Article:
Encountering Dangerous Marine Life
Some marine life can sting or bite, this is why it’s important never to try to touch or chase sea creatures. The ocean is a “wild” environment, home to a vast array of species, but still, direct attacks are extremely rare.
However, accidental encounters involving biting or stinging creatures can occur. Therefore, you should prepare yourself to deal with common difficulties such as How to react when seeing a shark, how to care for coral scrapes and cuts, what to do if a sea urchin’s spine is stuck in your skin, what are the symptoms of a jellyfish sting, etc… so you will less likely to end up in dangerous situations.
Study marine life guides and learn what corals and creatures can be dangerous and what to do if you accidentally get injured. When visiting a new place, research if any dangerous creature is present at that given spot. Remember that we are just visitors to the ocean so we should behave respectfully and snorkel in a reef-friendly way!
Sudden Change In Weather/Water Conditions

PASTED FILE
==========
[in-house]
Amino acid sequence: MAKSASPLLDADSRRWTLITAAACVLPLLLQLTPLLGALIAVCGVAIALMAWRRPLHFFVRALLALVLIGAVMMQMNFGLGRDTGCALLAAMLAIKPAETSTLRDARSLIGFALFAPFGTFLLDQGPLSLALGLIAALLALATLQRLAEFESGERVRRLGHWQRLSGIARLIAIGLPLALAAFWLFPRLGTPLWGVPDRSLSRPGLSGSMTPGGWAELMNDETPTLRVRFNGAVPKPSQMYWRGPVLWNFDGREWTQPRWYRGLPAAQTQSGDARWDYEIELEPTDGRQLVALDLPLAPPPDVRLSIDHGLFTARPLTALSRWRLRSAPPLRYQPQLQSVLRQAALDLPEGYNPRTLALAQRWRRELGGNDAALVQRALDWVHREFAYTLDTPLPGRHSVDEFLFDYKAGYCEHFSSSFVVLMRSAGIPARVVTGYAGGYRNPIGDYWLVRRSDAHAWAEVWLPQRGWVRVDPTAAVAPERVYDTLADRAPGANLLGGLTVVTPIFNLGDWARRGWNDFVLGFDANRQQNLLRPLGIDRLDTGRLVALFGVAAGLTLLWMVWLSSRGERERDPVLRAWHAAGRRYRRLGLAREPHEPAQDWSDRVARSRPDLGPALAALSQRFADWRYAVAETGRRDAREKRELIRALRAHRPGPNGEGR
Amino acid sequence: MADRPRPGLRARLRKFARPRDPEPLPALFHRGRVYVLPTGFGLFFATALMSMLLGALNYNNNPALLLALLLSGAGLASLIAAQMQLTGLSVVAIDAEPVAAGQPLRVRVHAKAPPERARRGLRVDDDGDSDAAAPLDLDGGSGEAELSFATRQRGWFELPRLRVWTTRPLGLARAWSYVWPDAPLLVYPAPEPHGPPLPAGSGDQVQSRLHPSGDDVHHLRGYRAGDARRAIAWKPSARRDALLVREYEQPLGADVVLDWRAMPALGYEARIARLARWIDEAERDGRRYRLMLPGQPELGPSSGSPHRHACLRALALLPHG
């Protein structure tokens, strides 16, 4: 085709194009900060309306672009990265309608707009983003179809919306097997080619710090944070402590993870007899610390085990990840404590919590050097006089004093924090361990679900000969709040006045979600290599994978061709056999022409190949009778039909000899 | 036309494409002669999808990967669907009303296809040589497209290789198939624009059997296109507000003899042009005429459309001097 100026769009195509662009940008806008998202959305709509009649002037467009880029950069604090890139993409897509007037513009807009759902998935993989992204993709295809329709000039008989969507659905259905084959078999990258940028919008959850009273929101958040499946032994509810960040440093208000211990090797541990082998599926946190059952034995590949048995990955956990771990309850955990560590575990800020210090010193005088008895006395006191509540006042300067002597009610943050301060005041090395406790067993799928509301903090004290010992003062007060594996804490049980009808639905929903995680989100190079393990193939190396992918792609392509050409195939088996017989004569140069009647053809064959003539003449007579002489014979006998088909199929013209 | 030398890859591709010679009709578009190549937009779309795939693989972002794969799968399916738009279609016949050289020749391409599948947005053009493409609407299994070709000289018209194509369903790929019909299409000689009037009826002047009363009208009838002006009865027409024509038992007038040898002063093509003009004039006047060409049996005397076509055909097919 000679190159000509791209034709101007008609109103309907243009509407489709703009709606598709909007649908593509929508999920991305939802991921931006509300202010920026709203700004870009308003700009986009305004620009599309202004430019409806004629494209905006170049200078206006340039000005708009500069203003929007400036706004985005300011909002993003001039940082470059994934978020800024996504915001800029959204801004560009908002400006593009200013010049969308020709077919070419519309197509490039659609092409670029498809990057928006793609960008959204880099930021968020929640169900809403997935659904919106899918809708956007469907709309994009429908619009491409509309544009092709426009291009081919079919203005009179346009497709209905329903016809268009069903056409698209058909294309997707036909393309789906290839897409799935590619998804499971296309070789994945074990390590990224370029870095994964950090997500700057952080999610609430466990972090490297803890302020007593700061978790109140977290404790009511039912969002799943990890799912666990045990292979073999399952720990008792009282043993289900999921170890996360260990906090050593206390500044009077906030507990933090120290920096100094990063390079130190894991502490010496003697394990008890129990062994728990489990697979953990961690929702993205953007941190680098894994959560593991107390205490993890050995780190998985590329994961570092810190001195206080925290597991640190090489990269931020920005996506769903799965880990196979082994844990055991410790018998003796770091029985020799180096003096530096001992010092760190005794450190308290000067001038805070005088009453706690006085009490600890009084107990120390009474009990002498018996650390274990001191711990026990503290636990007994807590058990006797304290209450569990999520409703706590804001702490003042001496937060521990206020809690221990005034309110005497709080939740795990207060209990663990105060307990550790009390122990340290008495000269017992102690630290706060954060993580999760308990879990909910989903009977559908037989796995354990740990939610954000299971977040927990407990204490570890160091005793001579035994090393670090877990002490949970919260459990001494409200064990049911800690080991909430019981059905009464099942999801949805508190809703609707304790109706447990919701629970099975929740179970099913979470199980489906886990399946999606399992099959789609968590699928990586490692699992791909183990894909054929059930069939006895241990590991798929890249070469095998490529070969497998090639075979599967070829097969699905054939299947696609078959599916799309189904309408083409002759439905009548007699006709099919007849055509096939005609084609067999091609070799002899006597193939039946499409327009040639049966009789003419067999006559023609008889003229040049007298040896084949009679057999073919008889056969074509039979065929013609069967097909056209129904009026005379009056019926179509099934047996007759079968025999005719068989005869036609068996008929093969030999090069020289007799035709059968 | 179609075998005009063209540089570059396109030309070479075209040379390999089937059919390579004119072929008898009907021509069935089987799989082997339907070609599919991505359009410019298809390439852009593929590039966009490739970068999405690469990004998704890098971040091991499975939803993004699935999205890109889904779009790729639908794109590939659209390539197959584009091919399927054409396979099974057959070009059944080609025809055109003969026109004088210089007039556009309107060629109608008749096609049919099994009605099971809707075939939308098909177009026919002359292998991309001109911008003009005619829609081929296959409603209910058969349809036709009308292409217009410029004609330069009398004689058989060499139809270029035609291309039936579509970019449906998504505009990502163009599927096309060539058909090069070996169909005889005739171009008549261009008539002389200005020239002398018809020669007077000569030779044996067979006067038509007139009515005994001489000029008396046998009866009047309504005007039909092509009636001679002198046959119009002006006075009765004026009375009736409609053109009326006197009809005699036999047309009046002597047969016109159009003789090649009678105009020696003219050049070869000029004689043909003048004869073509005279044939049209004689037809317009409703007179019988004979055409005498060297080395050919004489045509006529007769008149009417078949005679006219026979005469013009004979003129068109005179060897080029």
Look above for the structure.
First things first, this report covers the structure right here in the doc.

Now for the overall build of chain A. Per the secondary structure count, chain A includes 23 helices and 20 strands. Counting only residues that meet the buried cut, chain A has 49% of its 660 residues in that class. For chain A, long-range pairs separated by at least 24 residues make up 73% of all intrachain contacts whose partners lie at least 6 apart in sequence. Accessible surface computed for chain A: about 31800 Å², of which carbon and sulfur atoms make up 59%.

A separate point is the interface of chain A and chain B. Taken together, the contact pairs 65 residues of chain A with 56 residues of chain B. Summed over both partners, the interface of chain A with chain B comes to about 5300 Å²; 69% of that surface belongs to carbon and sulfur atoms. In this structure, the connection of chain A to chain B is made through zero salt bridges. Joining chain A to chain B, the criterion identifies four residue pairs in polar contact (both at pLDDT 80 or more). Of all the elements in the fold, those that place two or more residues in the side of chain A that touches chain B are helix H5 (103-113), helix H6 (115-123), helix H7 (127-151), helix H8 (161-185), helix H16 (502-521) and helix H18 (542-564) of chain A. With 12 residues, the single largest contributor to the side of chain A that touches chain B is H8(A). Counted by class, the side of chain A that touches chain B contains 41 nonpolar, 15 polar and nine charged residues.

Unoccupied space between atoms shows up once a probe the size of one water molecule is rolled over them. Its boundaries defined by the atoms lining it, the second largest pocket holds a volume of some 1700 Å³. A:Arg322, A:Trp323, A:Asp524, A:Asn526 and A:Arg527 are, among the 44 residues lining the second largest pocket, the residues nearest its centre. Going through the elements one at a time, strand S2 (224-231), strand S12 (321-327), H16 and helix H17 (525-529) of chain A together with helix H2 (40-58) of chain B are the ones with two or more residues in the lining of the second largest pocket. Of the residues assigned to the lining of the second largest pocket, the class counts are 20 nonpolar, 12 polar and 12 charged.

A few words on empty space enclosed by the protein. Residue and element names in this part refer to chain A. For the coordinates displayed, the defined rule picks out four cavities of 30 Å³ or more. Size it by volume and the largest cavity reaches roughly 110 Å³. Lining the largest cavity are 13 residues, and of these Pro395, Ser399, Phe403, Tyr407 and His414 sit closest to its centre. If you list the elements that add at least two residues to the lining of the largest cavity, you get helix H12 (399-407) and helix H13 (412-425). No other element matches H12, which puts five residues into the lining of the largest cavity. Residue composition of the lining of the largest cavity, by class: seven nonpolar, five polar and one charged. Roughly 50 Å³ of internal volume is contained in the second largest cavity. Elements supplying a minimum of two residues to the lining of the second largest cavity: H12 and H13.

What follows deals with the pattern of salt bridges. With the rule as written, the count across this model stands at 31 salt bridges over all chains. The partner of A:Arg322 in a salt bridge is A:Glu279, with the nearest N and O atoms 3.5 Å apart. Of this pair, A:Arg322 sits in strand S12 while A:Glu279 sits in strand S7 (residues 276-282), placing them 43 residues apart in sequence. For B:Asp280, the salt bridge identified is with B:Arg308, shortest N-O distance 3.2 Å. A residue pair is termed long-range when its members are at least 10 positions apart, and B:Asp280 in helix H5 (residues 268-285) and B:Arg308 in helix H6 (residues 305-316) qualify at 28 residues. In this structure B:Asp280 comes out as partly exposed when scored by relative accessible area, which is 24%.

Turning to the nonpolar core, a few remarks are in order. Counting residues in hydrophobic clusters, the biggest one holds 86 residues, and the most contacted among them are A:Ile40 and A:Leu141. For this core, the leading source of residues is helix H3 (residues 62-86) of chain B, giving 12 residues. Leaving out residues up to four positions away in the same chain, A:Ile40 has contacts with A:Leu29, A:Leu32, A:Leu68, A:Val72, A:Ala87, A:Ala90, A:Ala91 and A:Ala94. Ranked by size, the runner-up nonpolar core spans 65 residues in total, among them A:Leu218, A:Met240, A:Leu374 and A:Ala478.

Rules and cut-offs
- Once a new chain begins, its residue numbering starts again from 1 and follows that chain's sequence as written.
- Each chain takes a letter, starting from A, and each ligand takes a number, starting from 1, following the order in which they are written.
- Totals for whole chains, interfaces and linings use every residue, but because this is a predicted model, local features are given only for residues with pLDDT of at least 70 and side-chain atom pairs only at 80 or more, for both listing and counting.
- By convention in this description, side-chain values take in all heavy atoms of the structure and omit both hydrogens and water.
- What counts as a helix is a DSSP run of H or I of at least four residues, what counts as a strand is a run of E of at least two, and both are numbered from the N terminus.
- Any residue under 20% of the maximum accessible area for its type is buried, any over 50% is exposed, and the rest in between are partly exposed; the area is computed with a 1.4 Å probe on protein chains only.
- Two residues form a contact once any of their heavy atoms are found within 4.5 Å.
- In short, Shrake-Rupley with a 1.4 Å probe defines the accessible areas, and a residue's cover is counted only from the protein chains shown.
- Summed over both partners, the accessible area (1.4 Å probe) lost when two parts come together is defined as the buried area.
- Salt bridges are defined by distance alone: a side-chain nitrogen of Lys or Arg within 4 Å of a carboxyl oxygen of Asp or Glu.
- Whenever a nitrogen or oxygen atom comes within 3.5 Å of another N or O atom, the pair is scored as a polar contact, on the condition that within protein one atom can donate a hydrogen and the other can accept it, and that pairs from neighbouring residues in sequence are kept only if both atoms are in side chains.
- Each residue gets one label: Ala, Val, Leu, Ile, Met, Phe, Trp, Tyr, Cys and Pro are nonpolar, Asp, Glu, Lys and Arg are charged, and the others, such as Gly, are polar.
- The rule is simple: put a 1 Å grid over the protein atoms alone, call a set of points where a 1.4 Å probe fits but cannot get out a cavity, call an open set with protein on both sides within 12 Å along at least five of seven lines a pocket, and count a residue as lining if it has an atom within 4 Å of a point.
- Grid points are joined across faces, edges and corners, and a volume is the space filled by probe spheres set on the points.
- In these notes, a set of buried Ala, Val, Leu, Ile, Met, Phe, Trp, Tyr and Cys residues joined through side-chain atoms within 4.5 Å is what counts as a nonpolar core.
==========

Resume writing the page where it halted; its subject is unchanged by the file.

By the ocean and at sea, weather conditions can change quickly; the water can get moderate or even rough in a second, there can be strong currents or tidal movements that can cause difficulties for anyone, regardless of swimming skills or experience.
Therefore, make a habit of checking the weather and wind forecast before going for a snorkeling session and be familiar with the location’s tide and current patterns. Ask locals, look for warning signs and follow beach flags or lifeguard’s guidance and only enter the water when the conditions are good for the entire time you are planning to stay in the water.
My favorite websites to check the weather are windy.com and windfinder.com. These are professional weather apps that work with data from thousands of weather stations around the world providing highly accurate forecast visualization.